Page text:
JEWISH TELEGRAPH (LIVERPOOL EDITION), 26 MAY 2006
Volunteers are needed to tidy up historic Jewish cemetery
Volunteers are being sought to help tidy up historic Jewish cemetery Deane Road in Kensington.
Saul Marks, recently appointed warden at Princes Road synagogue, is behind the move. And he has been offered help from volunteers from a local church group.
The clean-up will take place from 5pm on Thursday, June 8. Volunteers are advised to wear old clothes, tough shoes and heavy duty gloves.
Deane Road’s Grade II listed Greek revival gateway and wall was built in 1836 – a year after it opened. Memorials to significant early members of the community include Lewis’s department store founder and philanthropist David Lewis. Also buried there are Charles Mozley, the first Jewish lord mayor of Liverpool; Moses Samuel, the author, scholar and watchmaker whose descendants founded the H Samuels chain of jewellery shops; and John Raphael Isaac, a heraldic designer, lithographer and portraitist. Then there are Jonathan Reis, a banker and bullion merchant, and Abraham Saqui, choirmaster and liturgical composer.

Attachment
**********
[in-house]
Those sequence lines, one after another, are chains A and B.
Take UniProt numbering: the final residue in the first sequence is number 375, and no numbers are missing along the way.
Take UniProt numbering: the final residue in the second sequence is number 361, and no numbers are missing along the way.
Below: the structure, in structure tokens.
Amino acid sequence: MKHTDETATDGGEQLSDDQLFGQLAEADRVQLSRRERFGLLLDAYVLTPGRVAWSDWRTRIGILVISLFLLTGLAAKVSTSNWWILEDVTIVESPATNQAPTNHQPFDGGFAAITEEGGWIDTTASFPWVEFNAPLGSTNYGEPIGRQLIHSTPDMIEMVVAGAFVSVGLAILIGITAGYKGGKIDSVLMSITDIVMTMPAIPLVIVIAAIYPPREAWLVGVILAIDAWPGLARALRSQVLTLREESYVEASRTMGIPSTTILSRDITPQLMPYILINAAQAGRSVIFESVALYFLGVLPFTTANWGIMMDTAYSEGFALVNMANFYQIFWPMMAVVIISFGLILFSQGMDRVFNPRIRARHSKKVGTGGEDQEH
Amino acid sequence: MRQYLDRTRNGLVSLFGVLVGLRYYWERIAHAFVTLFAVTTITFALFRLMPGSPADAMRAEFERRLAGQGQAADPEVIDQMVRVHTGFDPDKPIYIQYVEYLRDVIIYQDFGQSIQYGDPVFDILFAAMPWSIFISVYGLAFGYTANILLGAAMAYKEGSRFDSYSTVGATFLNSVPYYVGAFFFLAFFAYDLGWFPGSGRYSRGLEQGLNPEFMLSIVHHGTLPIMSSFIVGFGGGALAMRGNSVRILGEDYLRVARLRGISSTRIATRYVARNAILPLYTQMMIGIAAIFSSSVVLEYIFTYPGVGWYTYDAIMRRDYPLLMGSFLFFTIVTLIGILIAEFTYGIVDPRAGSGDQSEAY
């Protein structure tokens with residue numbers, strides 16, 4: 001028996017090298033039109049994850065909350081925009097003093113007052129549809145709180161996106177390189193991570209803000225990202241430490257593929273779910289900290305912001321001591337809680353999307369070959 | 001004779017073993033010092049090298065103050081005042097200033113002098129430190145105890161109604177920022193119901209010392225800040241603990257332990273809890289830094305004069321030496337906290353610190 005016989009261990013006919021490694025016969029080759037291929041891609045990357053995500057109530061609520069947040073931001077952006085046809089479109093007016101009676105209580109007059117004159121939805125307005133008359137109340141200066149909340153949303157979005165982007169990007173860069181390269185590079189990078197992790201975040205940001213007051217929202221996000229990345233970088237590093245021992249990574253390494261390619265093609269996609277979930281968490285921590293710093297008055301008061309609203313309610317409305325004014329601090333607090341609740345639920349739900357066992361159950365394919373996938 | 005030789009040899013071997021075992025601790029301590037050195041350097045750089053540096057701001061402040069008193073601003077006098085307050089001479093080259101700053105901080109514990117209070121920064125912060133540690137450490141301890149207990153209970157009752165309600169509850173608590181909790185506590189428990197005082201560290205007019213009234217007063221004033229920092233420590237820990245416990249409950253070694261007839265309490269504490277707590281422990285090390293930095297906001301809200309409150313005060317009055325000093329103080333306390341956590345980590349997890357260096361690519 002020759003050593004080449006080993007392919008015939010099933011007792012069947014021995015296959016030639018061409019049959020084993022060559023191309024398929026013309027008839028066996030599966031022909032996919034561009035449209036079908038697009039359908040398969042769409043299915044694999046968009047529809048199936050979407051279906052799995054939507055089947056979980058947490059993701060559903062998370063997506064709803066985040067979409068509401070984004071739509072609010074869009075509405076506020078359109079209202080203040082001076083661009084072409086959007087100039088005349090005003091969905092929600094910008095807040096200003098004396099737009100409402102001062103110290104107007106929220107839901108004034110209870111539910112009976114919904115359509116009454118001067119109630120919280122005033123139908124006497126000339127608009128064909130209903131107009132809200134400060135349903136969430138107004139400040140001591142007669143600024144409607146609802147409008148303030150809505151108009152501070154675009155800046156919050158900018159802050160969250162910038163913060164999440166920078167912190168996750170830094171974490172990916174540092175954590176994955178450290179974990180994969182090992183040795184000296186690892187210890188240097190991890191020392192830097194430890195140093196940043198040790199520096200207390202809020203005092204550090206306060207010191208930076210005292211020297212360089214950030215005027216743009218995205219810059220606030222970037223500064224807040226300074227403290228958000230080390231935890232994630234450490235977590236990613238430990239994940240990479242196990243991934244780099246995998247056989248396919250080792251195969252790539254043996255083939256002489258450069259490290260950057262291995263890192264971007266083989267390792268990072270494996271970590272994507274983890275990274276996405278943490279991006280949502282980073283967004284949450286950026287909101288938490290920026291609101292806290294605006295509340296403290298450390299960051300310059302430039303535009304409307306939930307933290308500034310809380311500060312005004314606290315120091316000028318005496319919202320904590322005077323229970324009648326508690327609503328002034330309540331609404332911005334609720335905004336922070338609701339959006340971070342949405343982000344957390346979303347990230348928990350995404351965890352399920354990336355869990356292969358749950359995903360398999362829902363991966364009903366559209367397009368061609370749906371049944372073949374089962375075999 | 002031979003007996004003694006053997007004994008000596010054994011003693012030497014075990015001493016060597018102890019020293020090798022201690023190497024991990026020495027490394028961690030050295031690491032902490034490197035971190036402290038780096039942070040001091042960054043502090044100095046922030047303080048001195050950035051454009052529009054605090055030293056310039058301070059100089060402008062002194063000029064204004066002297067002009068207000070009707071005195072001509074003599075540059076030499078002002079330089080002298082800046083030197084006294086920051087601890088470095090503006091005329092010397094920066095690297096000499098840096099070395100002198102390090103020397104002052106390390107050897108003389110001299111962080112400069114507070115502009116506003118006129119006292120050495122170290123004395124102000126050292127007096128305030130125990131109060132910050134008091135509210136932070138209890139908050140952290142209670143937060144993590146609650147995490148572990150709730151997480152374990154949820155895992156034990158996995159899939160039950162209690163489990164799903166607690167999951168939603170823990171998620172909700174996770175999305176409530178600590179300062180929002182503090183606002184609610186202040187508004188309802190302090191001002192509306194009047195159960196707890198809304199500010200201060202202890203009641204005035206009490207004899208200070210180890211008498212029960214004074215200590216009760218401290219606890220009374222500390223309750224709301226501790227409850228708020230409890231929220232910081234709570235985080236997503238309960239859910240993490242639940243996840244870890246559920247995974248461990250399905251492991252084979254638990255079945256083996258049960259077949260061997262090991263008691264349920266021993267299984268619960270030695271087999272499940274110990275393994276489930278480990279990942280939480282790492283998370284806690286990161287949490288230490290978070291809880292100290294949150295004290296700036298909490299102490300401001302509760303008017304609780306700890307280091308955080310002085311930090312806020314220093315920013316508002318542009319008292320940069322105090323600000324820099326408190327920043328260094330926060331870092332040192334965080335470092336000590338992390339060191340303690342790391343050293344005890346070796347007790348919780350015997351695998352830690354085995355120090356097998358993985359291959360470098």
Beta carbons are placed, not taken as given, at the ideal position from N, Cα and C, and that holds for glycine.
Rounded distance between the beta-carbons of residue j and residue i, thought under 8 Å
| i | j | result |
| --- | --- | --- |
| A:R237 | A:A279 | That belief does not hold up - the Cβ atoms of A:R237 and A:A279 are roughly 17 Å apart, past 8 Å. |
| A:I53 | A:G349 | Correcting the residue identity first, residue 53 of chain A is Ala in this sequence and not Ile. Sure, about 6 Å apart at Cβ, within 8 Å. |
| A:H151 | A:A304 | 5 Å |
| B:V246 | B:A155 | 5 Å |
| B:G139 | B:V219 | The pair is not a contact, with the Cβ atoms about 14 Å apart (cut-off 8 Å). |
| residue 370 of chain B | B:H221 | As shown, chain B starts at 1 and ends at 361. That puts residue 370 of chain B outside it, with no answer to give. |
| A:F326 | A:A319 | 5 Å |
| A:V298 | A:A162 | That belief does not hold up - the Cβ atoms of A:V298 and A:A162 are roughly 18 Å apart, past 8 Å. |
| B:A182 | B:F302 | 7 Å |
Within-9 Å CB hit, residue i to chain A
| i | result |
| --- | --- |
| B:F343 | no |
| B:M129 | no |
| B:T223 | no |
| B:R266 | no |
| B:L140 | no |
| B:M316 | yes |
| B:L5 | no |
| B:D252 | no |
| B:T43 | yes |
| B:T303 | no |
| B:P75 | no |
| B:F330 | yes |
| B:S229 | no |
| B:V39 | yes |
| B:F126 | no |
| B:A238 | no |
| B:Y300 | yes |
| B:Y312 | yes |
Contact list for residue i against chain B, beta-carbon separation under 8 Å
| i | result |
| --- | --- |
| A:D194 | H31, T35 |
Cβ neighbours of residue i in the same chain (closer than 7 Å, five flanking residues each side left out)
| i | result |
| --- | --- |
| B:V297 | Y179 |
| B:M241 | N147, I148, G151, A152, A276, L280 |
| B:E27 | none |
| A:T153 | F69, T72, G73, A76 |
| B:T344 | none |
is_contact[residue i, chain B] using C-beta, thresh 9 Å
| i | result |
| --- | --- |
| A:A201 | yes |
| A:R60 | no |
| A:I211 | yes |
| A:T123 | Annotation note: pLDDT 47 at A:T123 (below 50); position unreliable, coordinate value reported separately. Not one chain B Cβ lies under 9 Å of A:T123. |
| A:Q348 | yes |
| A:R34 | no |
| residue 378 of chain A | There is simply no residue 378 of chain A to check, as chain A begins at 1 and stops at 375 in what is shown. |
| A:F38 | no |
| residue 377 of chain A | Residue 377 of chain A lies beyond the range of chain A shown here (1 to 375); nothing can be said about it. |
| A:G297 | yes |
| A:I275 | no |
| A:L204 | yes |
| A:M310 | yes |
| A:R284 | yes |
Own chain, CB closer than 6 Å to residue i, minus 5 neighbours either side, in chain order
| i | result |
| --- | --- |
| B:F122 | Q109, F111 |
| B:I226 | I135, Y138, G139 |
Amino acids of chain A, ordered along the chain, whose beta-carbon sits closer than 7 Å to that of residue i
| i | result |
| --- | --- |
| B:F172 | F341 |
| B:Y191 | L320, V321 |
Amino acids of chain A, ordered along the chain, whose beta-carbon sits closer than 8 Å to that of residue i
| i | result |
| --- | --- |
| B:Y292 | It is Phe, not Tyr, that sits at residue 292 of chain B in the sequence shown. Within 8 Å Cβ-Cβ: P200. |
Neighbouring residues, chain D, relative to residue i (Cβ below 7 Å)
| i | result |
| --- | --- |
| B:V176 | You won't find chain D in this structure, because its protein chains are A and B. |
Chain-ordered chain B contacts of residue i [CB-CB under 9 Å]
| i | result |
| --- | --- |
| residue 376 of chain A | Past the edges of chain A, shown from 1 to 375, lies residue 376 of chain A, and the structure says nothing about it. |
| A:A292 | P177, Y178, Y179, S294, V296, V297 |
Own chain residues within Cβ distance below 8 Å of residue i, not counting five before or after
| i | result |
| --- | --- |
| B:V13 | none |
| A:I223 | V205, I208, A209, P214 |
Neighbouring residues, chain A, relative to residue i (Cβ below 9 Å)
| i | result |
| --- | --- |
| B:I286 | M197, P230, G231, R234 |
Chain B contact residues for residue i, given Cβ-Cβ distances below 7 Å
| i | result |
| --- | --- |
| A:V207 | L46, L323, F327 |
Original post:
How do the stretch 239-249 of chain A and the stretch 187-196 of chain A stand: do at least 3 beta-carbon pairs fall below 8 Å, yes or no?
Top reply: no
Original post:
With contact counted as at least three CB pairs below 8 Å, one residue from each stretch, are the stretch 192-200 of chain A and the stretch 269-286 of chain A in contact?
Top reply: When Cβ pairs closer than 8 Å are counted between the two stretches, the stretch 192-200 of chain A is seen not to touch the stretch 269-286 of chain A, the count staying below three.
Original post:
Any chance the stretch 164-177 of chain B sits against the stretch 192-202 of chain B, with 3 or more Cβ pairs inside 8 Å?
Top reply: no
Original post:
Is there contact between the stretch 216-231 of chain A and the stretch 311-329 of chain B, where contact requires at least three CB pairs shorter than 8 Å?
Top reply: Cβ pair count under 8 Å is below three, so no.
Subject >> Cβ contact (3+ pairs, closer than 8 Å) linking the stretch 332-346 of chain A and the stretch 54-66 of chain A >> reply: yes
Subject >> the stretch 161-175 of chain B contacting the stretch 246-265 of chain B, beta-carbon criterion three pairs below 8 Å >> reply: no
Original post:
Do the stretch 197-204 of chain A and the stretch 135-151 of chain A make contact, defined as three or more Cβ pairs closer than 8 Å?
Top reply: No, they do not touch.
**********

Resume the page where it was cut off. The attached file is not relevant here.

The Old Hebrew Congregation burial board is responsible for the upkeep of the cemetery. The board held its last funeral in 1904, but has been hampered by a lack of funds and traceable relatives.
In November, 2003, the Groundwork Trust – an environmental charity dedicated to making sustainable development a reality in many of the UK’s poorest communities – received grants of £5,000 and £3,000 from Kensington New Deal and Community 7 Housing Association respectively. The cash was to enable them to begin work on transforming the cemetery into a community garden. But the plans were hit when contractors found the site was choked with Japanese knotweed, in some places 6ft high. The knotweed grows quickly, forms dense thickets and its spread is aided by fly tipping. Even with the use of flame and chemicals, it can take years to eradicate once well established.
Details: Saul Marks on 07944 388483.